Feel free to PM me for more info.
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  #43  
Old 12.07.2021, 08:47
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Re: Moving to Zurich with disabled child

First of all, zia2001, thank you so much (very belatedly) for your kind and helpful message!

Second, I wanted to provide an update about what I've found, in terms of eligibility for IV.

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In answer to question 3. The correct and precise answer is that to qualify for IV, the child must be born in Switzerland, or a Swiss Permanent resident (C) or citizen. AND there is an age limit for some diagnoses - eg. condition must be diagnosed before a particular age...
The exact criteria for eligibility for IV are (as are many things!) even more complicated than that. An excellent resource I have found is the website of the Pro Infirmis organization, which is an advocacy organization for people with disabilities, and which has extensive legal advice about the Swiss insurance system: https://www.proinfirmis.ch/rechtsratgeber.html (the legal info is available in German, French, and Italian). I'm still not clear on the eligibility criteria for 'medizinische Massnahmen über die IV', but for an IV program like Hilflosenentschädigung for children, the exact eligibility criteria can be found at https://www.proinfirmis.ch/behindert...jaehrigen.html A child with a congenital disability is eligible for Hilflosenentschädigung if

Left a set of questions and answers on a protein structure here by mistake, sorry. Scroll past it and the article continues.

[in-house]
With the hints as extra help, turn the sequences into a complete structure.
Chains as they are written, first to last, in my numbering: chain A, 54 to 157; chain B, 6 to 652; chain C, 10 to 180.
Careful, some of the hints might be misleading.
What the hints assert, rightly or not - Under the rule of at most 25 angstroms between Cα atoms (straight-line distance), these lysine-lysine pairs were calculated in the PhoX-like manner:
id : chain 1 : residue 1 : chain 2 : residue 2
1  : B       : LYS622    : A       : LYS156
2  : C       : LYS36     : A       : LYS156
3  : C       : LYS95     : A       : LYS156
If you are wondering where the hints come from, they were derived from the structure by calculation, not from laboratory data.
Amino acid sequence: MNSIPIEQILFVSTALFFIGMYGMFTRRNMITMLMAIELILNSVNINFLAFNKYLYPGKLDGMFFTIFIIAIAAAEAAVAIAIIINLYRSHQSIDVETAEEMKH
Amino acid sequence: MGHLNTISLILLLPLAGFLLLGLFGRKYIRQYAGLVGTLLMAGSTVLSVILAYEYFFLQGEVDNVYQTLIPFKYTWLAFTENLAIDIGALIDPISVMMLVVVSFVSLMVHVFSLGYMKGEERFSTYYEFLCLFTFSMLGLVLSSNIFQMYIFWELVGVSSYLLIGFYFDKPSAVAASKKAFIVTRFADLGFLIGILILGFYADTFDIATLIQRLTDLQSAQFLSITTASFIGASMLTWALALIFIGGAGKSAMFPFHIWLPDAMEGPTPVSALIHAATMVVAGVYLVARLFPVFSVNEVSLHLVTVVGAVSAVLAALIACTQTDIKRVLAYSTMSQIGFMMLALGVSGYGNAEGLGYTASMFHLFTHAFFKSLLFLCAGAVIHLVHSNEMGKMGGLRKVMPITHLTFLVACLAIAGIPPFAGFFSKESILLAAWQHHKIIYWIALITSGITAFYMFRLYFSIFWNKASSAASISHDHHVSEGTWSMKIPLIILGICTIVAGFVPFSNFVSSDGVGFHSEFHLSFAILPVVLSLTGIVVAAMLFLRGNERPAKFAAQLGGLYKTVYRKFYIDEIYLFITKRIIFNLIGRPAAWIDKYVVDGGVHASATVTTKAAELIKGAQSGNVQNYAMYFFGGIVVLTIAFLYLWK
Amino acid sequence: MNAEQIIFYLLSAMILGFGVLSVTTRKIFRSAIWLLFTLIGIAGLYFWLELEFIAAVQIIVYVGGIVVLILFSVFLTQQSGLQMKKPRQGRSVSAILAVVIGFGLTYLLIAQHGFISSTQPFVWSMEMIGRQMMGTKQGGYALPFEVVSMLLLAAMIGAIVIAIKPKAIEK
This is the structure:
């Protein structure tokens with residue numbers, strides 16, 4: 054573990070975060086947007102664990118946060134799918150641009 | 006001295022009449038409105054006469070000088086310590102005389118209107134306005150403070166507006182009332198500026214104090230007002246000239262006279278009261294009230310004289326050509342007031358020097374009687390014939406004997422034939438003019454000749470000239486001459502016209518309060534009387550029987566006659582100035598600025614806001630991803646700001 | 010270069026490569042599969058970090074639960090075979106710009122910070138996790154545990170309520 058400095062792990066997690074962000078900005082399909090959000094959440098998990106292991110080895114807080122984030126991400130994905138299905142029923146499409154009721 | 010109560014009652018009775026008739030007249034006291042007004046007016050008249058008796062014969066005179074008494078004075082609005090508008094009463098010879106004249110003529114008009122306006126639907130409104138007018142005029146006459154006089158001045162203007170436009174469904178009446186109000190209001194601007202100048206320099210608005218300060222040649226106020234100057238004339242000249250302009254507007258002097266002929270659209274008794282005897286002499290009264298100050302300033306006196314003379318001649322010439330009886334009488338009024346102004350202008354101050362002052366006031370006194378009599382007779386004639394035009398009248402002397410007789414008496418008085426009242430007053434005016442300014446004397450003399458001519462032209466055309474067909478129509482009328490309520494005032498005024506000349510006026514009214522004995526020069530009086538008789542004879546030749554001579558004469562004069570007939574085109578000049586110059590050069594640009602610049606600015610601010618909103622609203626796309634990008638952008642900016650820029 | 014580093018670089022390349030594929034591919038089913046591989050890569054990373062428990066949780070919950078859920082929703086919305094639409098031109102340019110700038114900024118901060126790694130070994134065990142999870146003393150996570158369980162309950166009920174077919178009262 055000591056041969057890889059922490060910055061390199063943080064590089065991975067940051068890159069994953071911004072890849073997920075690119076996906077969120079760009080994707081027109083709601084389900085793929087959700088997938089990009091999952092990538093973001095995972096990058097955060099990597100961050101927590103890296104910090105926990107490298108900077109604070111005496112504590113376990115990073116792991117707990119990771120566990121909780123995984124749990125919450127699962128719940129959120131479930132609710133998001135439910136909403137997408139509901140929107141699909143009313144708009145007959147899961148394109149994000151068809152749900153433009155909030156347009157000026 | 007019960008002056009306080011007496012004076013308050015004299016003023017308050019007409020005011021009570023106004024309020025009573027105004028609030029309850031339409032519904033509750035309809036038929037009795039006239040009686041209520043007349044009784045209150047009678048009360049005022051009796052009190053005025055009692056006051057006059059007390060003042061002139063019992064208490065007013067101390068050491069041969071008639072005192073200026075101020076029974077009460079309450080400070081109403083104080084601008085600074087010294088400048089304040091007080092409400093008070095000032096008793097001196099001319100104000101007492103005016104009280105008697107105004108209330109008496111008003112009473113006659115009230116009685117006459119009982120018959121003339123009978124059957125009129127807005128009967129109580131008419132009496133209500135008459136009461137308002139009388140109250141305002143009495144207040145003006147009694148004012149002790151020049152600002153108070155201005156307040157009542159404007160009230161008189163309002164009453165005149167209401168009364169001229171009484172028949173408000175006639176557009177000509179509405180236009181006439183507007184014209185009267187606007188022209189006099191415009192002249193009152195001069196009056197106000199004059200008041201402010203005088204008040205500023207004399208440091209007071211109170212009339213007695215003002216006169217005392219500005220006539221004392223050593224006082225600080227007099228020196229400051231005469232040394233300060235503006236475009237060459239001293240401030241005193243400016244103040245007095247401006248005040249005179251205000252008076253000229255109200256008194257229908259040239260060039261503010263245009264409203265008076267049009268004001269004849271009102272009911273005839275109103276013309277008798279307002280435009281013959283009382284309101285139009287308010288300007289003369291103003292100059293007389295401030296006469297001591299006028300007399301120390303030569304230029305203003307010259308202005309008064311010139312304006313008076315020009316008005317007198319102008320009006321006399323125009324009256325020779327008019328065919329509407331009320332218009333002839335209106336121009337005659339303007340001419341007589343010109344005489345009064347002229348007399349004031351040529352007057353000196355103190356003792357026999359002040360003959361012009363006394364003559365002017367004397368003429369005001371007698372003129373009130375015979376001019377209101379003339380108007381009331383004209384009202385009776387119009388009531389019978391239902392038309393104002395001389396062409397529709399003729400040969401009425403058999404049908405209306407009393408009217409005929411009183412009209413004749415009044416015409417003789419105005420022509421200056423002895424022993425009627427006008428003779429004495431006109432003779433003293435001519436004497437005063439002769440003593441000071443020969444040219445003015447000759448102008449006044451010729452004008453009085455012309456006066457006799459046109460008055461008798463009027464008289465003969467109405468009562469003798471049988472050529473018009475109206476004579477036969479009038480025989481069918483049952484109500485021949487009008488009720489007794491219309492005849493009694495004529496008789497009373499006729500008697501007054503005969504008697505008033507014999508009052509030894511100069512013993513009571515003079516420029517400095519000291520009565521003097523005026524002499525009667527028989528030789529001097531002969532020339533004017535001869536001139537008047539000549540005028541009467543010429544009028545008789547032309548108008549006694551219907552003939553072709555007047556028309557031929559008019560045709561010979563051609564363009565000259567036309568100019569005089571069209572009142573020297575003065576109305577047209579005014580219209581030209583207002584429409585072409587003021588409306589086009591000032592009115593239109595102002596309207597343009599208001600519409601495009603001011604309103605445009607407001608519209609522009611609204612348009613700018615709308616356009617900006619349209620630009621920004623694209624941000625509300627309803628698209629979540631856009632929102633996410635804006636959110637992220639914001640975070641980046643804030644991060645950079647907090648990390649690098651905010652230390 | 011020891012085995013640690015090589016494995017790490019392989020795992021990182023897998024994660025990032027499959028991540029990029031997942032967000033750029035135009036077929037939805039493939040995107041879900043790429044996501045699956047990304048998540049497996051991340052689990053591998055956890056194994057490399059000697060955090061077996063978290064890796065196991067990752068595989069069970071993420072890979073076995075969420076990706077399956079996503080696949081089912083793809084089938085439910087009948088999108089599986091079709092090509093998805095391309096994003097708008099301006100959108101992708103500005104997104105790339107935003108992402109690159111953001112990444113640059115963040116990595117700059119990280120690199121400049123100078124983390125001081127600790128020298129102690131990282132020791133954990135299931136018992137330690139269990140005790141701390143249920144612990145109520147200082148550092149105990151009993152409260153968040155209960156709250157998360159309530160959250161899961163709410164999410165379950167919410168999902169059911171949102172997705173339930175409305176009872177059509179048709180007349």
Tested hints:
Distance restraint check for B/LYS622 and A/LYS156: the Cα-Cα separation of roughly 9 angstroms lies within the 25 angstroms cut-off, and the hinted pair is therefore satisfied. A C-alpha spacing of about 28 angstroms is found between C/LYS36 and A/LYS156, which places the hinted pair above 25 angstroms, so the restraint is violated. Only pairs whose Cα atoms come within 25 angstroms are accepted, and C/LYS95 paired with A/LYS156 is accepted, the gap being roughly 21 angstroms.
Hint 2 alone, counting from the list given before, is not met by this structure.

(a) they have Swiss citizenship, OR
(b) they are a child of a EU/EFTA citizen who is subject to the EU-CH Agreement on the Free Movement of Persons, OR
(c) they are a citizen of a country with which Switzerland has a social security agreement, though this depends on the terms of the agreement.

Regarding point (c), as sdtrex (the OP) wrote, 'This will be different for people from different countries. It's complicated.' And she's right. For an overview of the main social security agreements that CH has entered into, see https://www.bsv.admin.ch/bsv/en/home...abkommen0.html Here, one will find that the citizens of some countries (like Australia or Canada) have parity with Swiss citizens, when it comes to the question of whether Australian or Canadian kids born with disabilities in Australia/Canada qualify for IV. The social security agreements with other countries (like the one with the US) contain no provisions that give children born disabled in the US equal treatment to children born disabled in CH.